Author tells PSM students well-timed failure can have miraculous results

By CELANIE POLANICK, Daily News Staff Writer December 03, 2004

Pennsylvania, USA -- Author Faith Adiele knows how miraculously life-changing a well-timed failure can be.

Adiele spoke to a women's studies class at Penn State McKeesport yesterday about her book, "Meeting Faith; The Forest Journals of a Black Buddhist Nun," which tells the story of almost flunking out of Harvard and instead spending her junior year of college in Thailand as a maechi, a Buddhist nun.
Adiele is also familiar with feeling foreign, even in her own land. Her Nigerian father separated from her half-Finnish, half-Swedish mother before she was born, and her father left when she was a baby to take part in the political struggle of his tribe, the Ibo, in his home country. Adiele grew up with her mother, a socially conscious Unitarian, in a small, Christian town in Washington state, and got used to feeling like a misfit, she said.

When she finally got to college, Harvard was a letdown; Adiele had expected an intellectual utopia, but found greed and prejudice instead.

"The education was to get a trade, for money, and I was really shocked by that," she said in an interview. "They came from these really fancy private schools, but they knew nothing about other cultures."

In 1986, Adiele, a 22-year-old college junior on probation, decided to spend a year in Thailand through a program at the University of Wisconsin. She had already learned Thai during her junior year in high school as an exchange student to Thailand, so the language wasn't a barrier, she said; in fact, Thailand was liberating because, as a foreigner, she could make her own rules.

Her research project, her excuse for traveling, revolved around conducting interviews with Buddhist nuns, but Adiele decided on the spur of the moment to become one herself on a whim, shaving her head and entering a secluded forest temple to practice the hermetic Forest Tradition of Theravada Buddhism. She ate once a day, and endured 19 hours of meditation daily, even meditating next to a corpse to understand the fleeting nature of life, she said.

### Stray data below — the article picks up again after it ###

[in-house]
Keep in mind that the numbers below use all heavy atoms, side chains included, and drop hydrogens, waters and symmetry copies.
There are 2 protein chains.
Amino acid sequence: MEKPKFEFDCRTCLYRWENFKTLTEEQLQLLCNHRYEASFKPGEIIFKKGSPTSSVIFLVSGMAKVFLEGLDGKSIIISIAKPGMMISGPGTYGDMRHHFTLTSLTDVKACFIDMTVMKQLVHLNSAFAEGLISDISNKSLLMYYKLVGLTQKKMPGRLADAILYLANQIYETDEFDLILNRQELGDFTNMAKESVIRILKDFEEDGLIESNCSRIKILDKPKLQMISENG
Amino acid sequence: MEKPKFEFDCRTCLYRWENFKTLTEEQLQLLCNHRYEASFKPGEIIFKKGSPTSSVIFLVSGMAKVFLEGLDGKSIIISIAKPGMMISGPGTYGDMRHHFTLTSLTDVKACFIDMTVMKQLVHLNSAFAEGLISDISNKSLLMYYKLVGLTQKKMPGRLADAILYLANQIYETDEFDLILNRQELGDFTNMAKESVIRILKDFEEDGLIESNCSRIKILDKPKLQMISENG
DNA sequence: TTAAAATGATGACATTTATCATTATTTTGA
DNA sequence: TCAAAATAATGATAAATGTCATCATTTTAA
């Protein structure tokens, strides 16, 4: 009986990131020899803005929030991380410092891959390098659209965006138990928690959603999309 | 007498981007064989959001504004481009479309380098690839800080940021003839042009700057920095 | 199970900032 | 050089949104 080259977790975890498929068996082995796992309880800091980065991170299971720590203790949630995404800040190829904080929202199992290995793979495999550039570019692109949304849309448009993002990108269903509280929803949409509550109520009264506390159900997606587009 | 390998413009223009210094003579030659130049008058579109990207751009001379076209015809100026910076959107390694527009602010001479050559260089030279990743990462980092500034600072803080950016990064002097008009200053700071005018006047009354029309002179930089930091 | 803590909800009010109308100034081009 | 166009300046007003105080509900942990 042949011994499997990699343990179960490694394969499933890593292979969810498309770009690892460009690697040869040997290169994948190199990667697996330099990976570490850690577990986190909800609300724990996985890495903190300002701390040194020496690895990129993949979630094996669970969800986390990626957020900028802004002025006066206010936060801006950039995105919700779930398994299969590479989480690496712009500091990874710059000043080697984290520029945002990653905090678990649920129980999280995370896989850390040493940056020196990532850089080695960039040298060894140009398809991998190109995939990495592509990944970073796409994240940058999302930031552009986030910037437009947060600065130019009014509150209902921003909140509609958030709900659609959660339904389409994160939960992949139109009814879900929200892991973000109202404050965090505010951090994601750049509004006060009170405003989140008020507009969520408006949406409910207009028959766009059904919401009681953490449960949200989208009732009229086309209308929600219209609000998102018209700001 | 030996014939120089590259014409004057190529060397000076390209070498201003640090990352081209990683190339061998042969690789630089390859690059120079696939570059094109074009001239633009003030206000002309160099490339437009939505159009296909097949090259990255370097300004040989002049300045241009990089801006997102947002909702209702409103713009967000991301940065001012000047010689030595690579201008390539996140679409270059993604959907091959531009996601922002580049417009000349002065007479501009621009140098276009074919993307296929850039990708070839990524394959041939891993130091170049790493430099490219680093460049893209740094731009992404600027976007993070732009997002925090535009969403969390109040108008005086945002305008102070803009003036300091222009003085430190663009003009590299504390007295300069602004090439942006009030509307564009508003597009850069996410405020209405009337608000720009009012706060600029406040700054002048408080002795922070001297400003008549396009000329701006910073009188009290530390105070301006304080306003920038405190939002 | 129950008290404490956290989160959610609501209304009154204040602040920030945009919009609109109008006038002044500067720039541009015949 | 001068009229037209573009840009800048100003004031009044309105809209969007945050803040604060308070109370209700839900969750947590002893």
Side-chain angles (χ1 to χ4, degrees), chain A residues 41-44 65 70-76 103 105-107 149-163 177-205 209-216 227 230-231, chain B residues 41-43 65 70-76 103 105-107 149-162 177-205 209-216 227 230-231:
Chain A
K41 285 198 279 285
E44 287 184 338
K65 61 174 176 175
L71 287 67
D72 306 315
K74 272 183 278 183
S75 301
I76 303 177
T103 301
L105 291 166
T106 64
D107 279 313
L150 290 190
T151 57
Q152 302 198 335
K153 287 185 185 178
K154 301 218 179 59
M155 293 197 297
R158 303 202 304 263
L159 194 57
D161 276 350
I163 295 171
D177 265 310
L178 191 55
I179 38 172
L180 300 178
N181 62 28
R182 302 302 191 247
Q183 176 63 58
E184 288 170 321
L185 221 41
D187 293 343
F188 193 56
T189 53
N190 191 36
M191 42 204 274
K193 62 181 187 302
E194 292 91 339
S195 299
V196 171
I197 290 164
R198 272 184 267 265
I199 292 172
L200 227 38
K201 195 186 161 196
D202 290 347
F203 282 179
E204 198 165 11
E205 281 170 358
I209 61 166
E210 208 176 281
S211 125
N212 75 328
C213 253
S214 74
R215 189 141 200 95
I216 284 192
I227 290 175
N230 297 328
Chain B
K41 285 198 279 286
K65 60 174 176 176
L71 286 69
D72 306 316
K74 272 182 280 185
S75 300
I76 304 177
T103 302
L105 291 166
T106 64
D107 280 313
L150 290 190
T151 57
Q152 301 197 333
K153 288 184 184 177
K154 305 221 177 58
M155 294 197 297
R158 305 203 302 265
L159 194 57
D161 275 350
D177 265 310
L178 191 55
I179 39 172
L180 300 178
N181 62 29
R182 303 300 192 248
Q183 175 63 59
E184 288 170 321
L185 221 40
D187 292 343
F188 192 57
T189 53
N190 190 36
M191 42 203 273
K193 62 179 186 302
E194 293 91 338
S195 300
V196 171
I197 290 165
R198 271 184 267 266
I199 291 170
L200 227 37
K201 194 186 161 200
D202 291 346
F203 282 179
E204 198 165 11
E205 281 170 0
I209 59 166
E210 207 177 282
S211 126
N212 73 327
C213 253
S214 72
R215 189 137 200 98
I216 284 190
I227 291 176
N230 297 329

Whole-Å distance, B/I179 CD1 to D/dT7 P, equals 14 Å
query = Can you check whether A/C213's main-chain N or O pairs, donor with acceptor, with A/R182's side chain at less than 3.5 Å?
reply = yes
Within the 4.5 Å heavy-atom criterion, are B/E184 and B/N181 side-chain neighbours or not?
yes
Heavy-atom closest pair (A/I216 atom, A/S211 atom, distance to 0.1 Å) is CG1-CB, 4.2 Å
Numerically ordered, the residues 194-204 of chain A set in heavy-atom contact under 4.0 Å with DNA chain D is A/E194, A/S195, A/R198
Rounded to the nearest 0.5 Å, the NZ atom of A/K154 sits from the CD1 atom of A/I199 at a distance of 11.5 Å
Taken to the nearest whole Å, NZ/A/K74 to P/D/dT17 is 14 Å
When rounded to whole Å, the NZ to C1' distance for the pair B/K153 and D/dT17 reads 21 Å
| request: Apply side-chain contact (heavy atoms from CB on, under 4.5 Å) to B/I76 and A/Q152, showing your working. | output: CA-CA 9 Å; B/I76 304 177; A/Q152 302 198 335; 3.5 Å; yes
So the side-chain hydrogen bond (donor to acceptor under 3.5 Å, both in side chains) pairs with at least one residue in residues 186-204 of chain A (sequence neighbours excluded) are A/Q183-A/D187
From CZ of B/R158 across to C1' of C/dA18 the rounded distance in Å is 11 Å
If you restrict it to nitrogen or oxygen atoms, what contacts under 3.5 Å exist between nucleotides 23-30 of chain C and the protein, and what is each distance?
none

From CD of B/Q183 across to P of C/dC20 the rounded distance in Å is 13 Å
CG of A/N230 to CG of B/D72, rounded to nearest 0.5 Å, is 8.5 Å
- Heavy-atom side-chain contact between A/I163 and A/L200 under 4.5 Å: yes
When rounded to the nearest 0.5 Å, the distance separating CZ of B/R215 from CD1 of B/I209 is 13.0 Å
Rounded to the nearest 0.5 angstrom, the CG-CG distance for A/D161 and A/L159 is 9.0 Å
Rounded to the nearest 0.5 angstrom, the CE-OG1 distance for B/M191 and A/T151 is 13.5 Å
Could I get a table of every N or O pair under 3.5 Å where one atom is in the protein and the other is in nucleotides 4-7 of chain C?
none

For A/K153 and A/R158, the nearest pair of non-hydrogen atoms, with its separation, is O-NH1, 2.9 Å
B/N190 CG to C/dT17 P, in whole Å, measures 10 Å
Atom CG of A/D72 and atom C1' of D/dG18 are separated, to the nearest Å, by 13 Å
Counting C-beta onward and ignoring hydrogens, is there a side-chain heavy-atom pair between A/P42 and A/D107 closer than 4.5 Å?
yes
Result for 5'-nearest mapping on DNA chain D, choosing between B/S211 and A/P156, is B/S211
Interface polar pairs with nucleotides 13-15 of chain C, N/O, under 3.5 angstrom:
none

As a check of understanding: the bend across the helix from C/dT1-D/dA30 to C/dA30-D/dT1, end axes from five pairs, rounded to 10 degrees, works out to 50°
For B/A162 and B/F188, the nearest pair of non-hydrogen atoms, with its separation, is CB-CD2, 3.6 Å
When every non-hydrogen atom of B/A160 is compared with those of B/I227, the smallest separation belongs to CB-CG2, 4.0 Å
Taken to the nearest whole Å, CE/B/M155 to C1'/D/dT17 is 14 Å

"You're just focusing on the breath and the sensations as they occur," she said. "It's very simple. The belief is that wisdom will come to you."

At the beginning, meditating for 15 minutes was a challenge, but by the end, Adiele was able to complete 72 hours of uninterrupted meditation.

Rising at 3:30 a.m., nuns kept a strict schedule, attending instruction, sweeping the temple, meditating in caves, and chanting in Pali, an ancient language Adiele describes as the Asian equivalent of Latin. Reading and writing were forbidden to most nuns to discourage obsession with words, she said, but because of her beginner status, Adiele was given a Pali-to-English dictionary, tutored daily and given Buddhist writings in English to read.

The books were her companions, and helped ward off loneliness and hysteria.

"I would have an experience, and I would think, oh my God, I'm losing my mind, this is crazy, and then I would read in the texts, this happened to someone 500 years ago, that everybody goes through this stage," she said.

Permanent temple residents were not allowed to keep belongings from the outside world, but Adiele and other temporary visitors were permitted small belongings: small jars of spices, and, in Adiele's case, a journal, which she used to record her thoughts and her interviews with the other nuns. At the end of her time at the temple, she put on her own clothes, picked up her journal and walked out into the road, she said.

From there, her writing career has blossomed, drawing rave reviews and inspiring "My Journey Home," a PBS documentary based on her writings and travels. Adiele now holds a bachelor of arts in southeast Asian studies from Harvard University, a master of arts in creative writing from Lesley College, and M.F.A.s from the University of Iowa in both fiction and nonfiction, and teaches creative writing at the University of Pittsburgh. She is at work on her next book, tentatively titled "Twins," about the joys and pains of her eclectic heritage.

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